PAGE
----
Hyperlinking and CJEU: a comment on the GS Media decision

The Copyright Directive, which in Article 3 protects the rightholder’s right of communication to the public, is silent on whether hyperlinking constitutes such a right. This has given the Court of Justice ample opportunity to clarify the situation.

In Svensson, the Court dealt with an aggregator website providing links to newspaper articles located on another site. The articles were provided free of charge on the original site but the rightholders argued that the aggregating site profited from them in their own right without paying proper compensation. The Court took the position that

the provision on a website of clickable links to works freely available on another website does not constitute an ‘act of communication to the public’

It did emphasise, however, that hyperlinking to works protected by paywalls and similar restrictions would constitute communication to the public since a ‘new public’ to which the work is communicated would exist in this case. The case, although bringing clarity to the issue of linking to an already published and available copyrighted work, left open the question of very prevalent hyperlinking to works that are both protected and published without the author’s consent.

The Court had an opportunity to decide this issue in BestWater, which was about linking through a frame on a website to some illegally posted YouTube videos. The Court concluded that

The mere fact that a protected work, freely available on an internet site, is inserted into another internet site by means of a link using the ‘framing’ technique cannot be classified as ‘communication to the public’ since the work at issue is not transmitted to a new public or communicated a specific technical method different from that of the original communication.

Here, just like in Svensson, the Court did not address the issue of whether the poster’s good faith or financial gain played any role.

This changed in GS Media case, which was decided on September 8, 2016. The case involved the GeenStijl website, which is relatively widely read in the Netherlands. An article had been posted on the site which contained a hyperlink to photos hosted on the third party website (Filefactory). The photographer granted exclusive authorisation to use the photos to Sanoma company and they took action against both Filefactory (which removed them) and Geenstijl. The case, thus, involved hyperlinking to material under protection to which the right holder did not grant authorisation. The photos under consideration were, at the point when the case commenced, not available otherwise.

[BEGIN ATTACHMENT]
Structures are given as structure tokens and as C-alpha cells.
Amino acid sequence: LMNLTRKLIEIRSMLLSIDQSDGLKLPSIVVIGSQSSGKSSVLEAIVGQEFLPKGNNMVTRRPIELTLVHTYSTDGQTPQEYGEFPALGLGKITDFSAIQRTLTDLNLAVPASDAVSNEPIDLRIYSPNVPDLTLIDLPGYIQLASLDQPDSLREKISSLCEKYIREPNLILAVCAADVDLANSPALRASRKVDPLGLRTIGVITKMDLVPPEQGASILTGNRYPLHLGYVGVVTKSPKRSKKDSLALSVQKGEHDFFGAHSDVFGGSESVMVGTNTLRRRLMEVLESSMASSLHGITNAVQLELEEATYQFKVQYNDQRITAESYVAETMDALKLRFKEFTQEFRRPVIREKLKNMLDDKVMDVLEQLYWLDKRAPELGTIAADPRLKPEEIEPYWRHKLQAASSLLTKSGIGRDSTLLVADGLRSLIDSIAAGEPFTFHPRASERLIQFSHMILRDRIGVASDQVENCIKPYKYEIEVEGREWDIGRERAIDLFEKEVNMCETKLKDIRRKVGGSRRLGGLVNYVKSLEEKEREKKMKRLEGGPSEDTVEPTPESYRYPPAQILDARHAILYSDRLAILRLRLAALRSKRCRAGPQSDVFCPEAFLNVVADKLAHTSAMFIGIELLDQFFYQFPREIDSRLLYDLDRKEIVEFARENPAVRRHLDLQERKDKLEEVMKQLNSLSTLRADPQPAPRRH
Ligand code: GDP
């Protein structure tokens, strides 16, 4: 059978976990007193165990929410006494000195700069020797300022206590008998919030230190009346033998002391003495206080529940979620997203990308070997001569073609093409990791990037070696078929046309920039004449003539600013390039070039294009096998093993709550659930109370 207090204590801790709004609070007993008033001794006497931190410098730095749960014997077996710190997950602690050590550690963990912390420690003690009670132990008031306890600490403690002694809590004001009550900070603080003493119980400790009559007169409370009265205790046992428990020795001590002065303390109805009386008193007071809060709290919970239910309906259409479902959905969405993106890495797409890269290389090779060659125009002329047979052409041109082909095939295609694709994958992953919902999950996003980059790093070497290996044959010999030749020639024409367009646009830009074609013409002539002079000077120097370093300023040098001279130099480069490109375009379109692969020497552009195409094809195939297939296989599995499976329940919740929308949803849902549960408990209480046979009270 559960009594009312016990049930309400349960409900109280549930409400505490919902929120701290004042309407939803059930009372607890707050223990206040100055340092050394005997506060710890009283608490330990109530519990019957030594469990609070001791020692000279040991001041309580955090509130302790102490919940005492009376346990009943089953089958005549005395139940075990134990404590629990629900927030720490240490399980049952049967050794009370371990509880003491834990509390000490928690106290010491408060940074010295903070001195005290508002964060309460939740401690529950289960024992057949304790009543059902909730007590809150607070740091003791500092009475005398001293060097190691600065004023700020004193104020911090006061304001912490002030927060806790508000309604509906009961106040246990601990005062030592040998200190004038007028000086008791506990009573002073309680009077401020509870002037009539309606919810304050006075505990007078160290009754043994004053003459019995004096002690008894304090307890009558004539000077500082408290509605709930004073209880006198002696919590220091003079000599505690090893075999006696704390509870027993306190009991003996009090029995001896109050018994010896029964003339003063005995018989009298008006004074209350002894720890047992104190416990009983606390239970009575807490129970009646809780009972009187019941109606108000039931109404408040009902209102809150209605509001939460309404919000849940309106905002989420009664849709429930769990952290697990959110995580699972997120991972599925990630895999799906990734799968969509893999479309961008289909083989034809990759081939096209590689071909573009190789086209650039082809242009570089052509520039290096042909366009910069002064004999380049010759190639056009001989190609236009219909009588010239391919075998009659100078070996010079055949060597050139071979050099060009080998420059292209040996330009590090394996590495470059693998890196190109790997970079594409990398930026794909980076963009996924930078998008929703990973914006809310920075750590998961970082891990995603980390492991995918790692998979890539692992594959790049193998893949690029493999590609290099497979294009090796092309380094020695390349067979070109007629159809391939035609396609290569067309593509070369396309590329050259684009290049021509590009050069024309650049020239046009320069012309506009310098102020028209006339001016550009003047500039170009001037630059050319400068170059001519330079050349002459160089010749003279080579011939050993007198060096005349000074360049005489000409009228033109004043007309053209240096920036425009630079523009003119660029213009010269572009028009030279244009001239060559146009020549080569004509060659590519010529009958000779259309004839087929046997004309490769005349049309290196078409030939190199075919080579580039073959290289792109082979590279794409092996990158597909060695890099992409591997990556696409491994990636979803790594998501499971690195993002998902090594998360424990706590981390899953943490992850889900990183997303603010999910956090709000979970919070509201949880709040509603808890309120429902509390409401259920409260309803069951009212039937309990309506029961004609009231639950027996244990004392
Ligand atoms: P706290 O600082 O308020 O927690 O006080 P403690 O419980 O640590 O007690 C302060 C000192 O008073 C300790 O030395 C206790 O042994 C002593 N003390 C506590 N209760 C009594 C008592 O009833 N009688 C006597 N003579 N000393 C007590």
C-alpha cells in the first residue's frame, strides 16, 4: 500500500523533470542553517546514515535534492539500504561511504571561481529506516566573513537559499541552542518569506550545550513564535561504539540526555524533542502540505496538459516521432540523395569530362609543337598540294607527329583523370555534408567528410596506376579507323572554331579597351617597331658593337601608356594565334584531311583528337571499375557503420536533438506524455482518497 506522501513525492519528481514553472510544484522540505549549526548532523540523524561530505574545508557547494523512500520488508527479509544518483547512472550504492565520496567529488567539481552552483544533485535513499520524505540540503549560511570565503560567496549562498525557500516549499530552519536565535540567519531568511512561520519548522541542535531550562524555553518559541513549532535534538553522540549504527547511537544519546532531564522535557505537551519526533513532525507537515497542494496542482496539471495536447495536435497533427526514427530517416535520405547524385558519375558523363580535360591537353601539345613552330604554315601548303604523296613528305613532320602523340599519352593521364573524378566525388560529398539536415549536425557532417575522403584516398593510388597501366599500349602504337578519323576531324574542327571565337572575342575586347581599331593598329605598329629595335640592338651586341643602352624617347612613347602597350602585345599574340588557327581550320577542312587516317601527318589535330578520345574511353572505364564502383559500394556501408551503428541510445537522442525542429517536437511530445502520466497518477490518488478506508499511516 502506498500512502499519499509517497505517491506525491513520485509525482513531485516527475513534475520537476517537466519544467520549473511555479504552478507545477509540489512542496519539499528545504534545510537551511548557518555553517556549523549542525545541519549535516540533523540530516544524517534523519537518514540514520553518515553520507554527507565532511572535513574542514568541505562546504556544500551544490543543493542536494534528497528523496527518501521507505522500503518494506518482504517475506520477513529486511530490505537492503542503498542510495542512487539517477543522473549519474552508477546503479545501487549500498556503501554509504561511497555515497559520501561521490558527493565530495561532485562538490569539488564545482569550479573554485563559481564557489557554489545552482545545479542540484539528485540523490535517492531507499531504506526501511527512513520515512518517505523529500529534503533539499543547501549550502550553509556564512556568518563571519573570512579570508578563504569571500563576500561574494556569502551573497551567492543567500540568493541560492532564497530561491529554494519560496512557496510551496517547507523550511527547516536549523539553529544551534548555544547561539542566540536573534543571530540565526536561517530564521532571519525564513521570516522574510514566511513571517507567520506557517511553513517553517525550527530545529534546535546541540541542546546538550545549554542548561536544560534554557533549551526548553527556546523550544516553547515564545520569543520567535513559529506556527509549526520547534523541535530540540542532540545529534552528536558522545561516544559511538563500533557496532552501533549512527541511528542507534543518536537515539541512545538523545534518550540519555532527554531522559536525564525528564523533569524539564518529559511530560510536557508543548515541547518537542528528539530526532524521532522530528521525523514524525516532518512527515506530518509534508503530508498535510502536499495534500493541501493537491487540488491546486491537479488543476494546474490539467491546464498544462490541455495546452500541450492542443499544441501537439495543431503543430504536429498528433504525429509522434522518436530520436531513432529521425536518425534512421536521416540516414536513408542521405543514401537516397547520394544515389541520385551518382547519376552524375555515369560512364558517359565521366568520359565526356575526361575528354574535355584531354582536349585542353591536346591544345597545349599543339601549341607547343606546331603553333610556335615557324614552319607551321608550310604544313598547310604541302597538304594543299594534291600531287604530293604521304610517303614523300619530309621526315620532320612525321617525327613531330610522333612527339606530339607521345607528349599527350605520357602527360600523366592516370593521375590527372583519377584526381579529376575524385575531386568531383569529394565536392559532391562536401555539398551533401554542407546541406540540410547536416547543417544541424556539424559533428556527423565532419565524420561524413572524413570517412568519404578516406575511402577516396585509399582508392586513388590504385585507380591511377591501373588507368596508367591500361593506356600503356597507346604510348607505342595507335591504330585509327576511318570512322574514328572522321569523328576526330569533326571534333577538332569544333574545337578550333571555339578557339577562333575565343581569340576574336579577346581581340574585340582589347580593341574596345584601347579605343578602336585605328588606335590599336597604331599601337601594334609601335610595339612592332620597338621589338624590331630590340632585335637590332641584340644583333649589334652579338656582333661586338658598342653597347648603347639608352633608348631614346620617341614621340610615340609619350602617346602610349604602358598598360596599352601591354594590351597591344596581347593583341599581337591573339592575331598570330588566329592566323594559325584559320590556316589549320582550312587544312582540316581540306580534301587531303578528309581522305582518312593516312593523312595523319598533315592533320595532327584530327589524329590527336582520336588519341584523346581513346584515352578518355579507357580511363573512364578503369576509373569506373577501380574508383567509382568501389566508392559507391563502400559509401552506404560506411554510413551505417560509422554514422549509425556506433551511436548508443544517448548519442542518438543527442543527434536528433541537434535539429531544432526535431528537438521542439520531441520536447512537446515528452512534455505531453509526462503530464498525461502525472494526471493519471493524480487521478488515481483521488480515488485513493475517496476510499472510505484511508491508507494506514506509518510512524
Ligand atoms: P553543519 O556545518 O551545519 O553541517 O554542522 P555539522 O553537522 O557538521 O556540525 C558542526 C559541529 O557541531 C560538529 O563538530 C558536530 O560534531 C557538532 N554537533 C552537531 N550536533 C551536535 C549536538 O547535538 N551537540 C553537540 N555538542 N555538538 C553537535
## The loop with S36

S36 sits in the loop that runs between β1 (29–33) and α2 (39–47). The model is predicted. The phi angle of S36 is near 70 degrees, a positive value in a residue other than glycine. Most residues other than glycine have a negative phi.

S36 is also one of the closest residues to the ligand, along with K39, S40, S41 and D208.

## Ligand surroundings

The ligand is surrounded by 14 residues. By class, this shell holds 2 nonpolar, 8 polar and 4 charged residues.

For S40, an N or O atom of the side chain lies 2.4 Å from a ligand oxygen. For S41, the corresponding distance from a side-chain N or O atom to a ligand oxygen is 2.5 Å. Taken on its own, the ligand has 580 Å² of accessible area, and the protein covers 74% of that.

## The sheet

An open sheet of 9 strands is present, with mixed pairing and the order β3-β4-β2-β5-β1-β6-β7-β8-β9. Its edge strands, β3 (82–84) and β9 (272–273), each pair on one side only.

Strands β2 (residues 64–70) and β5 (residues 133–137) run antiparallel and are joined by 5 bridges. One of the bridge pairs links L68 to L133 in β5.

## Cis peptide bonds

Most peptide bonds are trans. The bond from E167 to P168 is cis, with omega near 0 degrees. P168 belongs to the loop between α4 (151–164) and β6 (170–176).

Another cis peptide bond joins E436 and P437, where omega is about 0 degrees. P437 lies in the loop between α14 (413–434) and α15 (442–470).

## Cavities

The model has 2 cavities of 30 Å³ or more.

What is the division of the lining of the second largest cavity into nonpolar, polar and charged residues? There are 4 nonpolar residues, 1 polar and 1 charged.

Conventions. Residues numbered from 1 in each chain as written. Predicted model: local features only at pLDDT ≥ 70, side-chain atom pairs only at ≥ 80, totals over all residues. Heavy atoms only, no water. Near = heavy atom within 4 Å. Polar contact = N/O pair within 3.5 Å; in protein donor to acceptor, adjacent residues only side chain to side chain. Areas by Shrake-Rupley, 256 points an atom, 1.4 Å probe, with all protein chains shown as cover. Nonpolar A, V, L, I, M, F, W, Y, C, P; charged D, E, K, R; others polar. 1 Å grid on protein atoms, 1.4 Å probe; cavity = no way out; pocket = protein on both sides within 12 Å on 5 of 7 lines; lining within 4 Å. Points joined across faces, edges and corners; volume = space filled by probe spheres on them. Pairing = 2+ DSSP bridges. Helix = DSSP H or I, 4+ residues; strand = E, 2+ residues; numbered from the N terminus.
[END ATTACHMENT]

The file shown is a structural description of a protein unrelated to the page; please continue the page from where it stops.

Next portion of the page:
The Court recognises in paragraph 45 the freedom of information role which the hyperlinks play:

      In that regard, it should be noted that the internet is in fact of particular importance to freedom of expression and of information, safeguarded by Article 11 of the Charter, and that hyperlinks contribute to its sound operation as well as to the exchange of opinions and information in that network characterised by the availability of immense amounts of information.

It further remarks that it may be difficult for a user to ascertain whether the material hosted elsewhere, to which they linked, is illegally posted or not. On the other hand, when hyperlinking is not carried out for profit, it is essential that the poster does not know and cannot reasonably know, that that work had been published on the internet without the consent of the copyright holder. A communication to the public will, therefore, always exist where the poster has been notified (presumably by the rightholder) of the protected nature of the work but they decide to link to it anyway (paragraph 49) as well as where the link allows protective restrictions to be circumvented (paragraph 50).

Paragraph 51 introduces a rebuttable presumption that the person who acts for profit and who hyperlink with the full knowledge of the protected nature of the work. Such persons are allowed to challenge that presumption but, obviously, cannot do so where the illegal nature of the links was precisely the biggest marketing point (as it was in case of GS Media company).

Paragraph 53 states that

Such an interpretation of Article 3(1) of Directive 2001/29 provides the high level of protection for authors sought by that directive. Indeed, under that directive and within the limits set by Article 5(3) thereof, copyright holders may act not only against the initial publication of their work on a website, but also against any person posting for profit a hyperlink to the work illegally published on that website and, under the conditions set out in paragraphs 49 and 50 of the present judgment, against persons having posted such links without pursuing financial gain. In that regard, it should in particular be noted that those rightholders, in all cases, have the possibility of informing such persons of the illegal nature of the publication of their work on the internet and of taking action against them if they refuse to remove that link, and those persons may not rely upon one of the exceptions listed in Article 5(3).